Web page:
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From 9 am to 5 pm I become suspended in an environment that prides itself on having features that I like to think of as clinical. The area must always be clean and minimal, similar to the cars we sell. The tiles on the floor are white, or ocean-foam white, as they were named by whatever company manufactures them. The walls are white, I think the paint is called sandstorm, though it’s the exact same as the floor. Where there isn’t a brick wall, one will find towering glass barriers. Those face the street so as to display the cars on the showroom floor to the public. Our desks are arranged in a very orderly fashion, though you would think that it was chaos when you see people running around with sheets of paper in hand, asking each other questions and trying to get work done. The phones ring constantly with someone on the other line trying to get a piece of the German excellence on our floors. Potential clients walk in to a world that is entirely different from any other, to buy a product that is in a class of its own. At least that’s what the brochure says.

This is the world I occupy. The 9 to 5 I maintain to pay the bills. It is mundane and stifling and at every moment I wish I could get away. It’s not that I hate the job, I like it. I try to think of it as an art form, so as to stimulate my ever-hungry right-brain. But occasionally I wonder about the places that I would like to go to, if I were given the power. If I could travel at the lightning speed at which we claim our cars travel, where would I be? If I teleport like X-men’s Azazel or had the TARDIS, where would I want to land up? There is no grand paradise that I imagine. But there are little pieces of sunshine that I find in my own time, outside of my money-making hours.

If I could zoom through space at the speed of light, more specifically, space-time, I would take myself to the park a few blocks away from my flat, at sunset. I’d like to go to a time where the children frolic about on the jungle-gyms without a care in the world. I’d like to be in the presence of lovers basking in each other’s happiness. The park is the perfect place for this. It is so vast and the natural scenery brings out a peaceful nature of co-habitation in everyone present. I find my solace on my very favourite park bench, which is positioned across an oak tree whose leaves are at this very moment gaining hues of red, gold and brown. The sun sets just left of this tree and the warm colours give me an extra dose of life with which to carry on in the night. But by far the best thing about this park is the paradoxical quietude among all the noise. Even though the children might scream and shout and the cars might zoom past with people trying to get to the next point in their lives, I can tune out all the noise because I’m all alone. Its as if no one else is here.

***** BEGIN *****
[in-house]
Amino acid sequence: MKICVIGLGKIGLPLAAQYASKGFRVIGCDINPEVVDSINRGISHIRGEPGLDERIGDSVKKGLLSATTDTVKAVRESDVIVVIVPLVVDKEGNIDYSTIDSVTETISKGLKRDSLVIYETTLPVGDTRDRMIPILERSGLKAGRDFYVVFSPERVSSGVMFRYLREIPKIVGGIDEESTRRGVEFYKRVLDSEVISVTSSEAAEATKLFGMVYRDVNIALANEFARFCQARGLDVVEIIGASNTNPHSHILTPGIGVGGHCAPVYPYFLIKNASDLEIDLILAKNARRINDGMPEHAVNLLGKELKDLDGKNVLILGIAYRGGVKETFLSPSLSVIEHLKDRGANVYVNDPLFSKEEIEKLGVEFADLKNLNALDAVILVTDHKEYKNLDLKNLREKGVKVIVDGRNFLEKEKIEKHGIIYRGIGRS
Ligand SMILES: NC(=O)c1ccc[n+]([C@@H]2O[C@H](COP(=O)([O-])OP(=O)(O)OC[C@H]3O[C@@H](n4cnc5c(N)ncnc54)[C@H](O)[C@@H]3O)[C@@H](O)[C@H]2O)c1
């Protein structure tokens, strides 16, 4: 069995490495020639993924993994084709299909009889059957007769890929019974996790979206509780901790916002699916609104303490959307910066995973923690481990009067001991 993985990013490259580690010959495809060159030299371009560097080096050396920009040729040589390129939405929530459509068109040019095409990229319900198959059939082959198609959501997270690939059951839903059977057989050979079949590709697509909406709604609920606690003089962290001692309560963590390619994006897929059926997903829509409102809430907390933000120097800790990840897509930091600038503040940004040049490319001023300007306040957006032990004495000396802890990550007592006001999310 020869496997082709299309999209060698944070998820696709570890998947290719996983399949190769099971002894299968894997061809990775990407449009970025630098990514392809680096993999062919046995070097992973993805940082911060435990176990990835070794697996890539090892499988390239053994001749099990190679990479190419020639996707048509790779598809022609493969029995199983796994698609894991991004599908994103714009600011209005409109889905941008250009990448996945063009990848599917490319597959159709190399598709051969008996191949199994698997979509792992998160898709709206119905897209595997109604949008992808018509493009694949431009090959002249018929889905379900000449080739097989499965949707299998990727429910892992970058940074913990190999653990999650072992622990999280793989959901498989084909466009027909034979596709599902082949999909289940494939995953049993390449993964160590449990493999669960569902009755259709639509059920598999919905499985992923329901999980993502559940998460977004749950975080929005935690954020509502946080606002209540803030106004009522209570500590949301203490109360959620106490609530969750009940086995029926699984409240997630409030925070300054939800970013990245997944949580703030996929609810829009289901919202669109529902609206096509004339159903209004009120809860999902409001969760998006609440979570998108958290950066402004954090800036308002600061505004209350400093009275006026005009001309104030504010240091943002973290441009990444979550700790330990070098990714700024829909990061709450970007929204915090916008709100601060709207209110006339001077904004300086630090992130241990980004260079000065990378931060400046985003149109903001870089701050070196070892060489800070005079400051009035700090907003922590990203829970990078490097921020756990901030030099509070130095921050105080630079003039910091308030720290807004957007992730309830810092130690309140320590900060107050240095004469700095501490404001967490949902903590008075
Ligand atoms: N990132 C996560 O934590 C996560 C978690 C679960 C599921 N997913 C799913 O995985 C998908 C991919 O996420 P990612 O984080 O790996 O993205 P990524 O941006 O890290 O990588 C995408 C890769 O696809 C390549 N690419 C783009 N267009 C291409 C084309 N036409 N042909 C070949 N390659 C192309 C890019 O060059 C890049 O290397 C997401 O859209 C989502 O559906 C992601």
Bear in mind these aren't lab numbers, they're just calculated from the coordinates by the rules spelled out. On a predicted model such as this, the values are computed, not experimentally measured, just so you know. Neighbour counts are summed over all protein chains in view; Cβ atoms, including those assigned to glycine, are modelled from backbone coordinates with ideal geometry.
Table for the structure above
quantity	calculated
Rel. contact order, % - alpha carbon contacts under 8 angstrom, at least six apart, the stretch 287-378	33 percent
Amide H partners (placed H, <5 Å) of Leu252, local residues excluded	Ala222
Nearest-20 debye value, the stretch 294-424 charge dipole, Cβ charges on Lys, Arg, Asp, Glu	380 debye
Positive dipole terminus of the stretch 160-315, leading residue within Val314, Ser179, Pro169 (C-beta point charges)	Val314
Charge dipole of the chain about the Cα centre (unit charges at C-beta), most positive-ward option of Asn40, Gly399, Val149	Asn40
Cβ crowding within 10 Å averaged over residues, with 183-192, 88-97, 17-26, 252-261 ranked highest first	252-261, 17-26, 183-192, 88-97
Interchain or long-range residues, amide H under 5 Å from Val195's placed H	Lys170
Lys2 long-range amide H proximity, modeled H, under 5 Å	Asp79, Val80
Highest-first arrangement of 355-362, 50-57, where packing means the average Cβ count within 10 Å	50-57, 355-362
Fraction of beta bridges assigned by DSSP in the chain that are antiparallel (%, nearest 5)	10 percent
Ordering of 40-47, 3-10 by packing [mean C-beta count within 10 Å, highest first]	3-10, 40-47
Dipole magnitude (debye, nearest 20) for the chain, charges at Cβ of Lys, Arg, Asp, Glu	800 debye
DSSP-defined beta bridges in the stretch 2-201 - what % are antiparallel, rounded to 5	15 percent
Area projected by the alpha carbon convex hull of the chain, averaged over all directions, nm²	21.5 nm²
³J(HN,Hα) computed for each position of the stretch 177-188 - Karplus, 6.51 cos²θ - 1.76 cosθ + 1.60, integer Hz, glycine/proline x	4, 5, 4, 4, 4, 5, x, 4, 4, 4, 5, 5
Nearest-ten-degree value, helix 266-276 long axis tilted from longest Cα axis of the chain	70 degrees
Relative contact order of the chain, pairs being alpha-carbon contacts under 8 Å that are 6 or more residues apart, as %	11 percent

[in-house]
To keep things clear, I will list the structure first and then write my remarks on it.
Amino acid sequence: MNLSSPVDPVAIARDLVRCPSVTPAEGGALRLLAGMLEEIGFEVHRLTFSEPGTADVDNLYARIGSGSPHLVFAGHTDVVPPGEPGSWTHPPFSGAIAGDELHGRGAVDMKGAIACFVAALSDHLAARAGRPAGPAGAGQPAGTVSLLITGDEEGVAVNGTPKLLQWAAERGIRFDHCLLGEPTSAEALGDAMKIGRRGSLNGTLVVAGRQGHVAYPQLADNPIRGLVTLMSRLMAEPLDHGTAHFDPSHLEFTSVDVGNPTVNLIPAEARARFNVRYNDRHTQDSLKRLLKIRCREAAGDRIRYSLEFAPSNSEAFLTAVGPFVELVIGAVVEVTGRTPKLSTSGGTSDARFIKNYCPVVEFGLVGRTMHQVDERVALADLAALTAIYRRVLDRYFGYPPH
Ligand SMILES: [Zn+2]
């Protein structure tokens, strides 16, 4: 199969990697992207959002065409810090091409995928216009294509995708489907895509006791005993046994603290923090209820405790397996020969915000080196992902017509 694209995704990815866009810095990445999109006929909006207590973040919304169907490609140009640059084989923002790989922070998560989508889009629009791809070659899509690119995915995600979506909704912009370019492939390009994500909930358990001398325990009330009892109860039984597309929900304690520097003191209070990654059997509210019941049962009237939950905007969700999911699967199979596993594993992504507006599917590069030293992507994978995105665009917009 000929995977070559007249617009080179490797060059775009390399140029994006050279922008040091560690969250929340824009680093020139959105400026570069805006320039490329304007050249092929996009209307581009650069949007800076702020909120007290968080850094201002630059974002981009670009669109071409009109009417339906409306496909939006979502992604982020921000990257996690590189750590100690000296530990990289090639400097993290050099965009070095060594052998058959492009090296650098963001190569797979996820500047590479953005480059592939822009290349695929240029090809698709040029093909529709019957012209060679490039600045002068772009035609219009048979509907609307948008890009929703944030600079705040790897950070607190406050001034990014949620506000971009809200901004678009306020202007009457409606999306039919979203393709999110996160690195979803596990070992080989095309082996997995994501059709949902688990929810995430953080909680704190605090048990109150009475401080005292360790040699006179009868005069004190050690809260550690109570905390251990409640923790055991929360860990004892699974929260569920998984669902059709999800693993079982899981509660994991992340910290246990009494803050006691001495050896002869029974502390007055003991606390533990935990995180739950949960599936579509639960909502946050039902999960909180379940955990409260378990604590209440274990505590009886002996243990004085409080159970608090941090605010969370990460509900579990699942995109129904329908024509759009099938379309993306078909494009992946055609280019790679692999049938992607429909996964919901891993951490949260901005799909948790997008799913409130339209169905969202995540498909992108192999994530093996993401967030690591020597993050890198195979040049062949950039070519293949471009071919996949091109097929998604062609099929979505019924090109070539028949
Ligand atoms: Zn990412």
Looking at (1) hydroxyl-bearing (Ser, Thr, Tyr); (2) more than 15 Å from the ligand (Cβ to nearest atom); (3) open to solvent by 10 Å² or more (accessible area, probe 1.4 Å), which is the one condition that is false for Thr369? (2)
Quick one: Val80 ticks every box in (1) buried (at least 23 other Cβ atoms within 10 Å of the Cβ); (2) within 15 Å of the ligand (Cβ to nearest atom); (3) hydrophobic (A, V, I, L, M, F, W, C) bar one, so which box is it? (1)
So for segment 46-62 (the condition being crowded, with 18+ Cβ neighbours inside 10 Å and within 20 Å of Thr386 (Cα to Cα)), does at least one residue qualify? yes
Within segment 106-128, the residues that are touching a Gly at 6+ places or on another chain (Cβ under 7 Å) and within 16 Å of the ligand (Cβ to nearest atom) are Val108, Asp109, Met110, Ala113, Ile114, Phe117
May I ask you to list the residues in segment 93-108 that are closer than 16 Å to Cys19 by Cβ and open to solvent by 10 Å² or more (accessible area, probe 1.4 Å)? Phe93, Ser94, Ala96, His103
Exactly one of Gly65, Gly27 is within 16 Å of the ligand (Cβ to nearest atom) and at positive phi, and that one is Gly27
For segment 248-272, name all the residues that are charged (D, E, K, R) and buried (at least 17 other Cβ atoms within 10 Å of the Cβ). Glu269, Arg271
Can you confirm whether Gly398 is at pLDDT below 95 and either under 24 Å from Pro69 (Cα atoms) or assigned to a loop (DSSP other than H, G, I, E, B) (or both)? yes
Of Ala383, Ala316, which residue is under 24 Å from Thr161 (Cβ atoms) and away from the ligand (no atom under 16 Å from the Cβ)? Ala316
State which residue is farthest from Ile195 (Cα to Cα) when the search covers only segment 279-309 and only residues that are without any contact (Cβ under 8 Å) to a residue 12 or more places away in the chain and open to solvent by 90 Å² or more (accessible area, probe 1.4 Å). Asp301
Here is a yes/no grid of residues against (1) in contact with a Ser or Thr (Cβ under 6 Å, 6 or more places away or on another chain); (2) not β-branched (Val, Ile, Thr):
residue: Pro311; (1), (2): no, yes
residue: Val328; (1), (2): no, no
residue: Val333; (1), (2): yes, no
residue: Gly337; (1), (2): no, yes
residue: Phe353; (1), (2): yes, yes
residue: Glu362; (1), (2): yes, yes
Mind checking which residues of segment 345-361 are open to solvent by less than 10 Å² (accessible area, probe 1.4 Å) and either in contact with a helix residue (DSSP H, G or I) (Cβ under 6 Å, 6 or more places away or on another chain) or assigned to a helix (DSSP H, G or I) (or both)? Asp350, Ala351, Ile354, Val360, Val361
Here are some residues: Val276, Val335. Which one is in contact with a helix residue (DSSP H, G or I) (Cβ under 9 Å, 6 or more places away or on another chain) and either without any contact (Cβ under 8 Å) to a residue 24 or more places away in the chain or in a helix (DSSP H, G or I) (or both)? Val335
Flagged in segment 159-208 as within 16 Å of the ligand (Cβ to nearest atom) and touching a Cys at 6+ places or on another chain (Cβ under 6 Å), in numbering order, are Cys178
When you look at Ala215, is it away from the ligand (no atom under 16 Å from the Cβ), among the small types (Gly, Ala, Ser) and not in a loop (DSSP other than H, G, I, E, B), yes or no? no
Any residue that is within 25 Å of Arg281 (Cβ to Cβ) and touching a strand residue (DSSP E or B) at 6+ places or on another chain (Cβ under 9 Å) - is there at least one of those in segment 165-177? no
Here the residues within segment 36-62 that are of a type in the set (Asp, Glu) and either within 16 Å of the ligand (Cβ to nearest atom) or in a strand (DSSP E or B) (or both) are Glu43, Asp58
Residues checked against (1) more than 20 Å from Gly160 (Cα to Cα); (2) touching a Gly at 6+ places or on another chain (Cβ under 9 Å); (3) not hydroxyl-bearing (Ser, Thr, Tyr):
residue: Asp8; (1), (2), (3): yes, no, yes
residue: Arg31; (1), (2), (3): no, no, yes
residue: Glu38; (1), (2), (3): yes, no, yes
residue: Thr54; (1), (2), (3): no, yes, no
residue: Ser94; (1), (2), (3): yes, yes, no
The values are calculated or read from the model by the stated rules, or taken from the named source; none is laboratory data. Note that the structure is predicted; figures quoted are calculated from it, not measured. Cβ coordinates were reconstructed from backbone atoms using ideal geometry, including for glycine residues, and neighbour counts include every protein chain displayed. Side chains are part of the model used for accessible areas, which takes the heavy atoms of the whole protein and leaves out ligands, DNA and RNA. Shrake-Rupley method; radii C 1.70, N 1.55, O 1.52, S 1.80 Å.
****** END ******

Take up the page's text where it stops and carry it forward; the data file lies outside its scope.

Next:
If I could zoom through space-time at the speed of light, oh the places I’d go. I’d take myself all the way to Jay’s Pub on the corner of my block, on a Saturday night. This place is one that I truly call home because I am able to shine light into the corners of my soul. Corners that I can’t show to my dearest friends or even my family. This is the place where I can pour my heart out to the kindest human-being I’ve ever known, a complete stranger, the audience. I stand on a stage in front of a crowd, and though there might be a few individuals I know, when they form part of the giant creature called The Audience they are anonymous. The smell of tobacco and wood stains my senses like mud on the formal outfit of a mischievous child. The spotlight shines on me, I look into it’s eyes and everything else falls away. As I speak, the response from the voices in the audience peel away at my insecurities to reveal my inner-child. A fierce, serious, silly and shy little girl. As I speak my mind, the laughter and gasps echo on the walls of the pub and I find myself possessing the power to silence a mass of people with the shock of my words. I am all alone in this pub, I speak out loud to everyone and no one. I love them all.

I am Nonku. Selling cars by day, poet by night. I chase my true passion in the dark, work to survive in the light and in between, I find solace in my paradoxical quietude.

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